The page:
If someone has filed or been granted a temporary restraining order against you in San Diego, you likely have questions about what this means for you. Having a restraining order against you, even a temporary one, can have significant implications on your work, home, and family life. A restraining order is most commonly filed amidst domestic violence allegations, where the alleged victim files an order against the person who has been conducting the violent acts.
Restraining Order Basics
When a person has a demonstrated fear of harm or bodily injury, they may file for a temporary restraining order against the person who is causing that harm. There is a relatively simple form that alleged victims can fill out and submit to the court. The victim is called the petitioner at this point. If this document is filled out thoroughly and the defendant (the person being accused of the abuse) does not timely respond to the allegations, the restraining order will likely be granted. California law requires notice of the restraining order filing in most circumstances, though there are exceptions if there is a verifiable possibility of great bodily harm or irreparable injury. If notice is given and the petitioner fails to appear or is unprepared for the initial hearing, the court will often dismiss the temporary restraining order at that time. Alternatively, the court will hear both party’s “sides”, so to speak, and make a ruling about whether the restraining order should be entered against the defendant.
If a temporary restraining order is granted, there are many options for protection, including requirements that the defendant stay away from the petitioner or their children, move out of the home, refrain from contacting the petitioner, or utilizing shared personal property. The petition for a restraining order also allows the order to extend to children and other family or household members.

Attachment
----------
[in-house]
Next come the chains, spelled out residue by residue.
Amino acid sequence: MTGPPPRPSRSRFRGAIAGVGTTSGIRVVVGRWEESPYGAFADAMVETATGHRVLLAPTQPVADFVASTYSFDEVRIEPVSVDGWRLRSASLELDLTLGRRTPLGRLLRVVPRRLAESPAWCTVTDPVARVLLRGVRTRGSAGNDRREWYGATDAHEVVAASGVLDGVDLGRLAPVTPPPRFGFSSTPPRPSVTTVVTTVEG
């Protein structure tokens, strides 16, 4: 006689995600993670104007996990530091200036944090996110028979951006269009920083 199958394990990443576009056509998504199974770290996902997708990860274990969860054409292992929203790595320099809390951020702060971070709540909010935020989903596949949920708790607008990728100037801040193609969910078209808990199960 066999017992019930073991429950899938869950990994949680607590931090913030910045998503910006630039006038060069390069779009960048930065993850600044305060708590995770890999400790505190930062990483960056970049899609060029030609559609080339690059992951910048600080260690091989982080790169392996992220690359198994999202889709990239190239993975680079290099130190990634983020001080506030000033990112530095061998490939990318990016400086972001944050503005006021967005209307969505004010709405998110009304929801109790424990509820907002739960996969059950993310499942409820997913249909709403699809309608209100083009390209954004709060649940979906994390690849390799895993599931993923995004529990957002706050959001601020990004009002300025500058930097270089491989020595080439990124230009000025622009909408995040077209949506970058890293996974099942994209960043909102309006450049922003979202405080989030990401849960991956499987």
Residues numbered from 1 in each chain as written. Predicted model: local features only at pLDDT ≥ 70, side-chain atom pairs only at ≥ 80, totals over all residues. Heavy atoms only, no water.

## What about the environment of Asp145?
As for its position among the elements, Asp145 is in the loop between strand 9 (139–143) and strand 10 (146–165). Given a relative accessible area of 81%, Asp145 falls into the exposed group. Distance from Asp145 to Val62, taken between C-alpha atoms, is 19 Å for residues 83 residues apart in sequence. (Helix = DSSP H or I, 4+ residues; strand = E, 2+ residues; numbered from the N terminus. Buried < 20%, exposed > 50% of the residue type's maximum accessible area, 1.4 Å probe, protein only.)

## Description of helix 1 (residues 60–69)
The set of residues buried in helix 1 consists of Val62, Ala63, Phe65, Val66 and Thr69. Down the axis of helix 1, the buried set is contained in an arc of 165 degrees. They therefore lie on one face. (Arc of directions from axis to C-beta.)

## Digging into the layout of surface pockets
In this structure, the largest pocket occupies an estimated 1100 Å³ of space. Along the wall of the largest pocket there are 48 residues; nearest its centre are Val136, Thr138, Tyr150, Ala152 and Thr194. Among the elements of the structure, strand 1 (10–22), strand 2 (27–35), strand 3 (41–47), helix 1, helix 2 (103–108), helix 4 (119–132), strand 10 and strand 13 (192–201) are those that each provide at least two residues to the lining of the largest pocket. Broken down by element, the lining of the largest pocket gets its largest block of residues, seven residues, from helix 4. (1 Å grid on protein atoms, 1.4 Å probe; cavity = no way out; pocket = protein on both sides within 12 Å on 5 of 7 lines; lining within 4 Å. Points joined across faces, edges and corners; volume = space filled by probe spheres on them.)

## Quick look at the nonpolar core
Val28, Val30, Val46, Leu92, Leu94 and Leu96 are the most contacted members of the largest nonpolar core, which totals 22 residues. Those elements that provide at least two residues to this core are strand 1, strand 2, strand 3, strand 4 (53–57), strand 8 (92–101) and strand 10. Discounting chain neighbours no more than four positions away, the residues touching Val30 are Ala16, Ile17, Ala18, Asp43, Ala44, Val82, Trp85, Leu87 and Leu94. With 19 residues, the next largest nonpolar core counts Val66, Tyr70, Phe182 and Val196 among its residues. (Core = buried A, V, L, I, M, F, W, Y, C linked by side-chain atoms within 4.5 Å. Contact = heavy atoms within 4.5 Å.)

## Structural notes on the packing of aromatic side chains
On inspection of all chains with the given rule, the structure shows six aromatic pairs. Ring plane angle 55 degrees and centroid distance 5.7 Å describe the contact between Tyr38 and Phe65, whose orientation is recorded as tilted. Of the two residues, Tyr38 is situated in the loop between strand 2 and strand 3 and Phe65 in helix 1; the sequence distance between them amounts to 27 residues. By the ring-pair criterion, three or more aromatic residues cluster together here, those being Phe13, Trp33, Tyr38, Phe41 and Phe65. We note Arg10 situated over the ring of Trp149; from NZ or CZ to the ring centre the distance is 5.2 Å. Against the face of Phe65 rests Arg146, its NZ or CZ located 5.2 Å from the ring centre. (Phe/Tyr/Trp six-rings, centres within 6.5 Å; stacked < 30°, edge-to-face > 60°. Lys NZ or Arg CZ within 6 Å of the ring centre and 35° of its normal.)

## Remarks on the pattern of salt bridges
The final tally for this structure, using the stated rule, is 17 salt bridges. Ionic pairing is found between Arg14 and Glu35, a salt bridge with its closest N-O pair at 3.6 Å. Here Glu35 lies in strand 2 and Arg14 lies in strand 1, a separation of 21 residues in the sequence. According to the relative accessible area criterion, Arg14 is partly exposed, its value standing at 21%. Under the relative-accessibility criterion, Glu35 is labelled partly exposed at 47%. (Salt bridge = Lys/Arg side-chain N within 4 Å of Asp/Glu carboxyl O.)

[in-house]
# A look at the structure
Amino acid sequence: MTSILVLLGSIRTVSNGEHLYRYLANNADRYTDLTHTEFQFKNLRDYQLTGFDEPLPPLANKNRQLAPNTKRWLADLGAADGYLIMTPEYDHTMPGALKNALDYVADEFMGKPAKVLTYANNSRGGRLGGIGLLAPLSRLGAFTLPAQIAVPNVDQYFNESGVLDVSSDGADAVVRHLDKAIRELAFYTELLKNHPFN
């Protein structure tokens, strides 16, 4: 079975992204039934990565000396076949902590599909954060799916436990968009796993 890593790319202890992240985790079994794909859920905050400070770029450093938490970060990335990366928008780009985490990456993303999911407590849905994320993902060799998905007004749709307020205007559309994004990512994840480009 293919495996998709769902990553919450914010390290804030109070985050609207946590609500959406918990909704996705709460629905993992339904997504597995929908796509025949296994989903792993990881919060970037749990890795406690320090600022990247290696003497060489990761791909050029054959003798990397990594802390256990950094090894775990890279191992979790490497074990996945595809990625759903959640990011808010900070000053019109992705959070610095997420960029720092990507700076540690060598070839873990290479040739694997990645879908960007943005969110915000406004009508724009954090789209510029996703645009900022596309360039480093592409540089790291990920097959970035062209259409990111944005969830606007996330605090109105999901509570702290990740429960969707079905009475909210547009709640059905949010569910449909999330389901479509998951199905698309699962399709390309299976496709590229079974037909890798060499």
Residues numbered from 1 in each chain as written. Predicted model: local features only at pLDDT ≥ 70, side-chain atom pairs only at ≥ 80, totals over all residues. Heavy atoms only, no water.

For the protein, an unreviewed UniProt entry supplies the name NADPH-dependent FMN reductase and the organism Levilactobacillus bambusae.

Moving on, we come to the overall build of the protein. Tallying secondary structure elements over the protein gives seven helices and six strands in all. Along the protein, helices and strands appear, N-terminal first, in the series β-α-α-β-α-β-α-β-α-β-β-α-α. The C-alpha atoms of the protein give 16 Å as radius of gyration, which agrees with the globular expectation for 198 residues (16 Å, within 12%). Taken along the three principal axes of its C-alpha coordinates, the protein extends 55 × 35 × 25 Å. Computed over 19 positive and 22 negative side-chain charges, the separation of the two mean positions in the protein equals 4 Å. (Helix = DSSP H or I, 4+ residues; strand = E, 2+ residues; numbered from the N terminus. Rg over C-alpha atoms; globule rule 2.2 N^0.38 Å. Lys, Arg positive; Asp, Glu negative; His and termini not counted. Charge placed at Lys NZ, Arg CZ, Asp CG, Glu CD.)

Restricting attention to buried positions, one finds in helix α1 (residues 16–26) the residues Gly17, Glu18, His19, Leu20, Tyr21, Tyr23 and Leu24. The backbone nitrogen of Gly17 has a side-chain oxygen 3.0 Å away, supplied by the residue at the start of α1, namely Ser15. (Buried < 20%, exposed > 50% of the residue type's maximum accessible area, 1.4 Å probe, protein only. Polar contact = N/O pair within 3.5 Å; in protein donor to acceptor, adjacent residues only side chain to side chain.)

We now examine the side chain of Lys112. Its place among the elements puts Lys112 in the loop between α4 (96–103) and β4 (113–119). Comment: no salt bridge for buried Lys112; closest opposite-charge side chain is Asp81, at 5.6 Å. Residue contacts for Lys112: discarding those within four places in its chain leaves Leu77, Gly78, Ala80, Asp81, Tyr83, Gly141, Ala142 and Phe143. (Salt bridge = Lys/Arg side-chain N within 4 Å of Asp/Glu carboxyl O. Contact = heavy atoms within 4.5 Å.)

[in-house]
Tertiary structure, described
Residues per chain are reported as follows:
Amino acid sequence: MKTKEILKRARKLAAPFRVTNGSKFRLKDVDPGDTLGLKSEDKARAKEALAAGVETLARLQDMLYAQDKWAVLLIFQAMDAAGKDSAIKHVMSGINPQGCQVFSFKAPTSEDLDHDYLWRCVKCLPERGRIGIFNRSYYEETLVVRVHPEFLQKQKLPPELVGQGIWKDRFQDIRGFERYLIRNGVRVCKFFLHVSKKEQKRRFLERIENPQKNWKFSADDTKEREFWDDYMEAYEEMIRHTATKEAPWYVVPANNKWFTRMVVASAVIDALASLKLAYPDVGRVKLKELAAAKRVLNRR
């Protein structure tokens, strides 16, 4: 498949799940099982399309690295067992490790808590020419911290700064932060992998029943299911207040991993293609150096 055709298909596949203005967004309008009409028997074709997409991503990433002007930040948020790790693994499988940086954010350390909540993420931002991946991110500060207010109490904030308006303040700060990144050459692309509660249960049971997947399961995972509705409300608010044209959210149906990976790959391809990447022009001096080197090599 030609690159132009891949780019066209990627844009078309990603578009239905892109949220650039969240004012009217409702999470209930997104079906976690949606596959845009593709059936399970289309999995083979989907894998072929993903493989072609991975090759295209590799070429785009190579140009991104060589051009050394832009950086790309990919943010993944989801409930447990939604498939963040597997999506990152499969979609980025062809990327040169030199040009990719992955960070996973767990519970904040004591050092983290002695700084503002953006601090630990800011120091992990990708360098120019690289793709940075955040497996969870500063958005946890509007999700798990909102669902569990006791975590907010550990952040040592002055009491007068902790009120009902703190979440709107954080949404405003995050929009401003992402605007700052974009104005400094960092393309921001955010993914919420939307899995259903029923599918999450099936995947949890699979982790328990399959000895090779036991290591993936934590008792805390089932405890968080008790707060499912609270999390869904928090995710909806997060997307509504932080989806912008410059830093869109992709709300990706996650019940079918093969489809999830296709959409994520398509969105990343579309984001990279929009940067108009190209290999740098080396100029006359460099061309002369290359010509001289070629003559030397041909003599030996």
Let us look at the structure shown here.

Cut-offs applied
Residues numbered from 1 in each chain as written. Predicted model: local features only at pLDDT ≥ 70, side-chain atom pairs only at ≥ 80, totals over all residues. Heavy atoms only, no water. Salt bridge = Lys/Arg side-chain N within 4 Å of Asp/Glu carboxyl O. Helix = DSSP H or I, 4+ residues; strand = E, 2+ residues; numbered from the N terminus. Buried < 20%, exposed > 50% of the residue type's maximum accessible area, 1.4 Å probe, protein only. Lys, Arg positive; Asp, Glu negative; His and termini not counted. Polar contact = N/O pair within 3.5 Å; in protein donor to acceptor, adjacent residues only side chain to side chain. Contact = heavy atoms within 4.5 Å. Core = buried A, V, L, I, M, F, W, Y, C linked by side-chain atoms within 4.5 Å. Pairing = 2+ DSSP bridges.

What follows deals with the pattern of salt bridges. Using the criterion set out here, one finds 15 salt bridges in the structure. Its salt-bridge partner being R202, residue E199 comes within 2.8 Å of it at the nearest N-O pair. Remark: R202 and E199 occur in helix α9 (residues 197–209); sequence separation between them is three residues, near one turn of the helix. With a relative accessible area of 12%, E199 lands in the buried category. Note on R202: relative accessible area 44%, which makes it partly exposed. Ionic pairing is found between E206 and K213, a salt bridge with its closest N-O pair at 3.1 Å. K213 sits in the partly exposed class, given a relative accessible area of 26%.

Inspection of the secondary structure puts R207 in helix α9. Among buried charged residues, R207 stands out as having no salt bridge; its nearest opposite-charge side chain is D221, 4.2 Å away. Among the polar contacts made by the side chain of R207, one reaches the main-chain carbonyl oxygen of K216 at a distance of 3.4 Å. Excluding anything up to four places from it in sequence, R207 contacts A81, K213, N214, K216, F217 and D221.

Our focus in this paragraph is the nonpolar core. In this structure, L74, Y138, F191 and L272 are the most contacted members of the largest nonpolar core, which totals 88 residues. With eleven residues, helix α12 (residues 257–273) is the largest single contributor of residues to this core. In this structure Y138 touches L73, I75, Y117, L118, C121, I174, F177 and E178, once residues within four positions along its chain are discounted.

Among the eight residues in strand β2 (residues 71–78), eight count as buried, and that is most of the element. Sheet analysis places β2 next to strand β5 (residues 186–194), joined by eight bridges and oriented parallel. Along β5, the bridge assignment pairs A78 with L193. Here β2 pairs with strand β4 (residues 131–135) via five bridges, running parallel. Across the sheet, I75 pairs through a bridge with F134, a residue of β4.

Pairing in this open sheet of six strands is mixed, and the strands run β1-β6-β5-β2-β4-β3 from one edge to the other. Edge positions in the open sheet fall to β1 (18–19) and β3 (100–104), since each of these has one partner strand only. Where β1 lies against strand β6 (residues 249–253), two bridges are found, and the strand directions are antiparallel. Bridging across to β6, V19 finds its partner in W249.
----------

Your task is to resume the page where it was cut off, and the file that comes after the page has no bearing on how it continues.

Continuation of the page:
Restraining Order Implications
If a restraining order is entered against you, you may not be able to contact your family or children for a certain amount of time. You may have to relinquish possession of your firearm. You may be required to pay some of the petitioner’s court or attorney’s fees incurred in filing the restraining order and having it entered in court. Moreover, these restraining orders can be temporary and last anywhere from 6 months to three years, or be permanently entered against you.
San Diego Criminal Defense Attorney
Contesting the restraining order with the support of a knowledgeable restraining order criminal defense attorney is the best way to explain yourself and avoid having an order entered against you. There are logistical and strategic decisions that need to be made when presenting your case to the judge; by responding to the allegations against you through experienced counsel, you greatly increase your chances of having the order dismissed.
At Ozols Law Firm, Alex Ozols understands that people make mistakes and that the restraining order may be nothing more than a misunderstanding. Mr. Ozols will confidentially and confidentially take your case from start to finish to ensure that you have the best chance at having this interfere with your life as little as possible. Contact his San Diego office for a free consultation to learn more about your legal rights.